Pure by Julianna Baggot Review

This book drew me in with its eccentric take on the post-apocalyptic plot, strong characters and incredible world building setting.

Pure by Julianna Baggot

Julianna Baggott

Publication Date:
February 8, 2012

Grand Central Publishing, a division of Hachette Book Group

Hardcover, 448 pages

Price: CND $28.99




We know you are here, our brothers and sisters . . .

Pressia barely remembers the Detonations or much about life during the Before. In her sleeping cabinet behind the rubble of an old barbershop where she lives with her grandfather, she thinks about what is lost-how the world went from amusement parks, movie theaters, birthday parties, fathers and mothers . . . to ash and dust, scars, permanent burns, and fused, damaged bodies. And now, at an age when everyone is required to turn themselves over to the militia to either be trained as a soldier or, if they are too damaged and weak, to be used as live targets, Pressia can no longer pretend to be small. Pressia is on the run.

Burn a Pure and Breathe the Ash . . .

There are those who escaped the apocalypse unmarked. Pures. They are tucked safely inside the Dome that protects their healthy, superior bodies. Yet Partridge, whose father is one of the most influential men in the Dome, feels isolated and lonely. Different. He thinks about loss-maybe just because his family is broken; his father is emotionally distant; his brother killed himself; and his mother never made it inside their shelter. Or maybe it”s his claustrophobia: his feeling that this Dome has become a swaddling of intensely rigid order. So when a slipped phrase suggests his mother might still be alive, Partridge risks his life to leave the Dome to find her.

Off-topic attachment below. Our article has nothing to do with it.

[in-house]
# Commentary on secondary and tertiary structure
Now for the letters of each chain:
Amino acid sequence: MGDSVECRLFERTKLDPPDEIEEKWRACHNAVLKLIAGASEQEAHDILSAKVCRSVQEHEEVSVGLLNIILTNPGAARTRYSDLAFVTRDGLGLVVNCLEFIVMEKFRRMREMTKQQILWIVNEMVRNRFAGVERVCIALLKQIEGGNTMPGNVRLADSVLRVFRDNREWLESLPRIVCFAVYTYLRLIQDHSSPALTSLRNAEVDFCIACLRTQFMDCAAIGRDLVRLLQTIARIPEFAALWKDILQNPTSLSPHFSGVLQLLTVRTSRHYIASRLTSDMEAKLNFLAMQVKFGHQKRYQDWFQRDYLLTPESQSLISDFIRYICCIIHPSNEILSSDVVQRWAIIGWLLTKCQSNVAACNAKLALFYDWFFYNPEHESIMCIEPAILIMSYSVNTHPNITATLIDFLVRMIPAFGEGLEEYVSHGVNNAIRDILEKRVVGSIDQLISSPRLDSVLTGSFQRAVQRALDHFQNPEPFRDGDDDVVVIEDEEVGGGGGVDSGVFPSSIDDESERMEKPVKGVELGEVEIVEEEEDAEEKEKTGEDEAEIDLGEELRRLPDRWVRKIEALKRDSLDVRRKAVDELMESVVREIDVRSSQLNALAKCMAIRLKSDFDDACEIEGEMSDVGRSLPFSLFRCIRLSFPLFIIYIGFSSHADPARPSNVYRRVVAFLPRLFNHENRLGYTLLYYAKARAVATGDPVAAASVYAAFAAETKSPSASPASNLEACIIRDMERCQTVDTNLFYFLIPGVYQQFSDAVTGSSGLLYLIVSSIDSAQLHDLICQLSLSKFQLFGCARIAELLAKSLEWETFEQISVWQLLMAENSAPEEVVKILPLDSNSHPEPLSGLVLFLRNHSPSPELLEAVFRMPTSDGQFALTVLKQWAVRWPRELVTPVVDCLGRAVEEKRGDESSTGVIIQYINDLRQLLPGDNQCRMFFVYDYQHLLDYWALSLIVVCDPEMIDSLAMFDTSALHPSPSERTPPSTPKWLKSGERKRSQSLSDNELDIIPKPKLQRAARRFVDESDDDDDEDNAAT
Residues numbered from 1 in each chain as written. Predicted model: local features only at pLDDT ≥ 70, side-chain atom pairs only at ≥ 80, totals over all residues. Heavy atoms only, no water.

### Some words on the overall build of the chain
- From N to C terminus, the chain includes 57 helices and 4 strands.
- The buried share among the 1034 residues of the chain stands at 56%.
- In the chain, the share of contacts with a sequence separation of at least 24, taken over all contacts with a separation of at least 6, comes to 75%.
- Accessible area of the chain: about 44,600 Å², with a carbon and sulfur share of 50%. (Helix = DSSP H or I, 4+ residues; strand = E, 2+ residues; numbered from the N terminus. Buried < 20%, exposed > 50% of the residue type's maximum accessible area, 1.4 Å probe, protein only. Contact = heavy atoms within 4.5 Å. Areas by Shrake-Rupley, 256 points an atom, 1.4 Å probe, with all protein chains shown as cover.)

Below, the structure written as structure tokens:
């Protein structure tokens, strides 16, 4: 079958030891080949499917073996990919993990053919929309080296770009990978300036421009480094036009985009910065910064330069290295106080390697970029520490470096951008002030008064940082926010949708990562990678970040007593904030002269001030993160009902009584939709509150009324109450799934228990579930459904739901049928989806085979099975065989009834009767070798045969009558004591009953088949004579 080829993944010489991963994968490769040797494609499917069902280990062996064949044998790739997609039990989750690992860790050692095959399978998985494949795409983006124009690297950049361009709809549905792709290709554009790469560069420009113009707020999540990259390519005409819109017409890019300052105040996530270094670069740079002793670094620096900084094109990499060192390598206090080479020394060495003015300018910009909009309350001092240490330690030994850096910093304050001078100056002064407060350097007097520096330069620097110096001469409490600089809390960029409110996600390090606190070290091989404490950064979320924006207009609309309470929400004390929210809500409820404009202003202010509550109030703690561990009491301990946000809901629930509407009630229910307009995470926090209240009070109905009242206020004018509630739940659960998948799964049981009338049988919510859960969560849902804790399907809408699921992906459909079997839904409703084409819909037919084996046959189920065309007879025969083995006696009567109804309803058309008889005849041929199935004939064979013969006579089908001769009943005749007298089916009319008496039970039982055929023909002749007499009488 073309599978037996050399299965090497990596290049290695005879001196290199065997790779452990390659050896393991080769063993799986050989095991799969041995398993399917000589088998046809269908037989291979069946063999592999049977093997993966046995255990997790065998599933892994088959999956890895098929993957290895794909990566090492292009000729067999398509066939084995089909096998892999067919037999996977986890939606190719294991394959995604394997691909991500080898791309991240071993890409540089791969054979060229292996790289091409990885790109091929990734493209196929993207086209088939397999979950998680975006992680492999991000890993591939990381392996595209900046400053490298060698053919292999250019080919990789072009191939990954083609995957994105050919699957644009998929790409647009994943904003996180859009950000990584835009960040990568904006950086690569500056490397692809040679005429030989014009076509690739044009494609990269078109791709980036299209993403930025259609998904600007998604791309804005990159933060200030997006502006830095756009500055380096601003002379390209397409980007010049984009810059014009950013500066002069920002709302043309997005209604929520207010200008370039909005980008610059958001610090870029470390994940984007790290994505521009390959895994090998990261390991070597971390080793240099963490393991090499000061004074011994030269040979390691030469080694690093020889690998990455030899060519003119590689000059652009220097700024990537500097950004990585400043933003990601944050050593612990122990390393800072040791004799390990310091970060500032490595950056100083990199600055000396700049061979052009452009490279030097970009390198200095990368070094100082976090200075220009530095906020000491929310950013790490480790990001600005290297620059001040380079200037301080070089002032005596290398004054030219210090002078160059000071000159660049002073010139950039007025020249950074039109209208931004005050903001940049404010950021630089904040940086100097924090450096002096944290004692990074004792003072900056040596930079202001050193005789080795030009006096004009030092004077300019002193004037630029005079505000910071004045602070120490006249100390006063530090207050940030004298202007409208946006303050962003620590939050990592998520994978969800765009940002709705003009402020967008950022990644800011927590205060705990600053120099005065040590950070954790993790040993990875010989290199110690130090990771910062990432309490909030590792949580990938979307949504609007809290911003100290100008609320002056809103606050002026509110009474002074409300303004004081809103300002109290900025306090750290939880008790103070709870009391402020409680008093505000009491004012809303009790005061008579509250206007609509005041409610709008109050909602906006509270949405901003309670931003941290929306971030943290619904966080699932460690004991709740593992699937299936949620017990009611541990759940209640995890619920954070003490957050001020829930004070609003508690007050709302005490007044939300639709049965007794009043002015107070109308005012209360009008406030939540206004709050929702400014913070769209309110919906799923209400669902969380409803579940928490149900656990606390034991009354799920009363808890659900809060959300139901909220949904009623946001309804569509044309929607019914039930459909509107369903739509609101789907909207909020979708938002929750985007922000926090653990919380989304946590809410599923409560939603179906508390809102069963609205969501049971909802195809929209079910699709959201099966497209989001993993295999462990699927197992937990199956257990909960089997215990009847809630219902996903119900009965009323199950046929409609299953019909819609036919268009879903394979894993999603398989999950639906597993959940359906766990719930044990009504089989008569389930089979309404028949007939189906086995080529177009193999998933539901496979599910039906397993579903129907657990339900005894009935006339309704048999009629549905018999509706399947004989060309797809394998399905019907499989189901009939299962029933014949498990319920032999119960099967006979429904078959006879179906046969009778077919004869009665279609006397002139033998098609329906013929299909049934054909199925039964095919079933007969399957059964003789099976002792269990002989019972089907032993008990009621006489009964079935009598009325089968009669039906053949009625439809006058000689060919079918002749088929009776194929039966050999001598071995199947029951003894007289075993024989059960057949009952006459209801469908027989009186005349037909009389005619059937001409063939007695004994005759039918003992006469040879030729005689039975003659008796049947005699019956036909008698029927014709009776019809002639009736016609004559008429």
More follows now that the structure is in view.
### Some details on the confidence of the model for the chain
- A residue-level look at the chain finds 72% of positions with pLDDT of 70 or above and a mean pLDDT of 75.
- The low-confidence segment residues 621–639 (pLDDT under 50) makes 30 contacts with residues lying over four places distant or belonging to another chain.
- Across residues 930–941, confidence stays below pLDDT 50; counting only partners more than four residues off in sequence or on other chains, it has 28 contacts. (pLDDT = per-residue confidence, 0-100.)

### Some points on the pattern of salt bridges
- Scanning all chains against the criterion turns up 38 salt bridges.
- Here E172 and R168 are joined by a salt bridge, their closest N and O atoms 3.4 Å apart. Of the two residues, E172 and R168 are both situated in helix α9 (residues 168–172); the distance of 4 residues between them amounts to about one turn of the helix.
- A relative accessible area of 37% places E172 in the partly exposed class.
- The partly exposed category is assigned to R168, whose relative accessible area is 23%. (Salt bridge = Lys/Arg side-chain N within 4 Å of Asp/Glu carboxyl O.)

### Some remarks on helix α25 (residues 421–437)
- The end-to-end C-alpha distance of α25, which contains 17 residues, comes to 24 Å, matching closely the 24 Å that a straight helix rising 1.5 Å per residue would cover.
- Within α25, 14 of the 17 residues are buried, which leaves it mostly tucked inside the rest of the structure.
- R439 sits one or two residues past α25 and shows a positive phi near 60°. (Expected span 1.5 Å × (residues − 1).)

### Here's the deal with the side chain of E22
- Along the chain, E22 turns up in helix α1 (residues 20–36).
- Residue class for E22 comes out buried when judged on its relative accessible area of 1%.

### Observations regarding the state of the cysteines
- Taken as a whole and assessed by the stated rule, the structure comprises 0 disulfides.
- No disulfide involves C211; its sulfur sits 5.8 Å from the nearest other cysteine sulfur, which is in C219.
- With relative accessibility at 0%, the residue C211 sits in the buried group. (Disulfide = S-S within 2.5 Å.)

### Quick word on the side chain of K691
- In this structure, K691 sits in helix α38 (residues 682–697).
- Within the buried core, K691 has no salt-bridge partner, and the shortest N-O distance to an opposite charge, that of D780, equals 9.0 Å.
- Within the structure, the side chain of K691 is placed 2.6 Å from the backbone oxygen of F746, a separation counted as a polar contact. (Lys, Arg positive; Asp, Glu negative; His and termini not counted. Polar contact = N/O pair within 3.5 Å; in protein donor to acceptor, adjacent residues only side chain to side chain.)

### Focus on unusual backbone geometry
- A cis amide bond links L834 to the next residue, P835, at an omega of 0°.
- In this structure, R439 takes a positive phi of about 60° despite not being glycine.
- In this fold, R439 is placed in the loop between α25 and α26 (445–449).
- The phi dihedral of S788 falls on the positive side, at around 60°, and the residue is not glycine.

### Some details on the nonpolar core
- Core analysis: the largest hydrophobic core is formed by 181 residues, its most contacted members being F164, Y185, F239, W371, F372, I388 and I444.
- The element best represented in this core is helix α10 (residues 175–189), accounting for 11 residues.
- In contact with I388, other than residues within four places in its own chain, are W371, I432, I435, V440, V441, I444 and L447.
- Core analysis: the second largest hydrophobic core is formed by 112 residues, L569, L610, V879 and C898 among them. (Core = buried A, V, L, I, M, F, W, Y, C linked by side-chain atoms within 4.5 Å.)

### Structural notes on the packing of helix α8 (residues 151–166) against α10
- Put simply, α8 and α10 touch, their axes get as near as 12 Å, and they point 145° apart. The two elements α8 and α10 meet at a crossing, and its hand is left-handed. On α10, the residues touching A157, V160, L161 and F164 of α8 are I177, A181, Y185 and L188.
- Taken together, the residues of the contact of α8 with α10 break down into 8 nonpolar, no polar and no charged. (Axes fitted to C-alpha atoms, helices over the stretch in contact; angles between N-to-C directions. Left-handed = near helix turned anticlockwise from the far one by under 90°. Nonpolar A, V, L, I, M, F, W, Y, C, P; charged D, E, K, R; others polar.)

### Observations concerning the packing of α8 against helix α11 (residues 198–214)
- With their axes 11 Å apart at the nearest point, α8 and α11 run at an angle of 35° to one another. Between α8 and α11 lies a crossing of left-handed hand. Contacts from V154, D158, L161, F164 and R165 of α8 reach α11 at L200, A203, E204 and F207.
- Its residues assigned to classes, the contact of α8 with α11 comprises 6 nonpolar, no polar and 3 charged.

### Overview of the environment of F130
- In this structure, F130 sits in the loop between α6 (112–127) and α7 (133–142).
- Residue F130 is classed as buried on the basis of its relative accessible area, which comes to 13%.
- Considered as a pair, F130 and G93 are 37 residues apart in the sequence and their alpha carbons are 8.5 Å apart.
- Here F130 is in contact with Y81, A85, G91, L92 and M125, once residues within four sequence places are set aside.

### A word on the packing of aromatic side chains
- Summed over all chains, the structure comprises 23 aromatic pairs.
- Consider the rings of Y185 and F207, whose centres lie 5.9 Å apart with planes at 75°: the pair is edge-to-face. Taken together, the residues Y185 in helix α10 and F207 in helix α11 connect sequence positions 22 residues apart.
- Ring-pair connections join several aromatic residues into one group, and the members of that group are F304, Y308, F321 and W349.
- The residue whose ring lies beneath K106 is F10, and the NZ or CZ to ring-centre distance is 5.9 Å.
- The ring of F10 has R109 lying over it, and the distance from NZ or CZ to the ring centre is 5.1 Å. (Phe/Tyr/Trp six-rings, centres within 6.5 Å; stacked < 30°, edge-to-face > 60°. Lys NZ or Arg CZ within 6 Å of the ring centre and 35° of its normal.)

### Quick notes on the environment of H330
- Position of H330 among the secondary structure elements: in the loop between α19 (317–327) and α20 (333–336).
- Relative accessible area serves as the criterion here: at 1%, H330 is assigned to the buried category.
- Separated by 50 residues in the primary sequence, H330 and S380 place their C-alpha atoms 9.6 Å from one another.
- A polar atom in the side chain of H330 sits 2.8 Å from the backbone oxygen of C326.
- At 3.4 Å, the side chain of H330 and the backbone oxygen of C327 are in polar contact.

When Pressia meets Partridge, their worlds shatter all over again.



We start off with Pressia being introduced as a girl who is about to turn 17 who lives in the remains of a barber shop. Her only living family member is her grandfather and together they keep themselves alive by trading possessions for food. She’s not your average survivor though. Her fist is fused with a Doll’s head that fused into her body when the bomb was set off years ago.

This book drew me in with its eccentric take on the post-apocalyptic plot, strong characters and incredible world building setting. Where else would you find every day objects fused into body parts where the people themselves are still breathing? Most authors wrote with a clear purpose: for the character to survive, and to unravel the very hand that controls them. In this case it’s the people in the dome. The Pures. One Pure in fact. Can I say I felt disgusted with the way the story was unfolding on why the Pures are in the dome while the others are outside? How can you justify the reasoning behind what they had done? Agh. The brutality was quite horrifying to me, but it did make for such a dramatic debut novel.

Now I definitely liked Pressia’s strong personality. The fact that she’s half Japanese made me picture her perfectly kicking butt at any monster that she came across. She was definitely not a pushover and was very stubborn and independent much to the annoyance of Patridge.

I quote enjoyed this book even though it had it’s “WTF!” moments, I can’t wait to gobble the next one.


“Ever since I met you, it am seems like I’ve got more to hope for.”—Bradwell (317)

Define These Words

Pendantic adjective

  1. ostentatious in one’s learning.
  2. overly concerned with minute details or formalisms, especially in teaching.


Rating 4/5


“This was like something from the nature channel: wolves trying to mark their territory.”—Skye (68)

“They were so different. Light and dark. Peace and chaos. If I had a choice, I didn’t know which I would choose.”—Skye (275)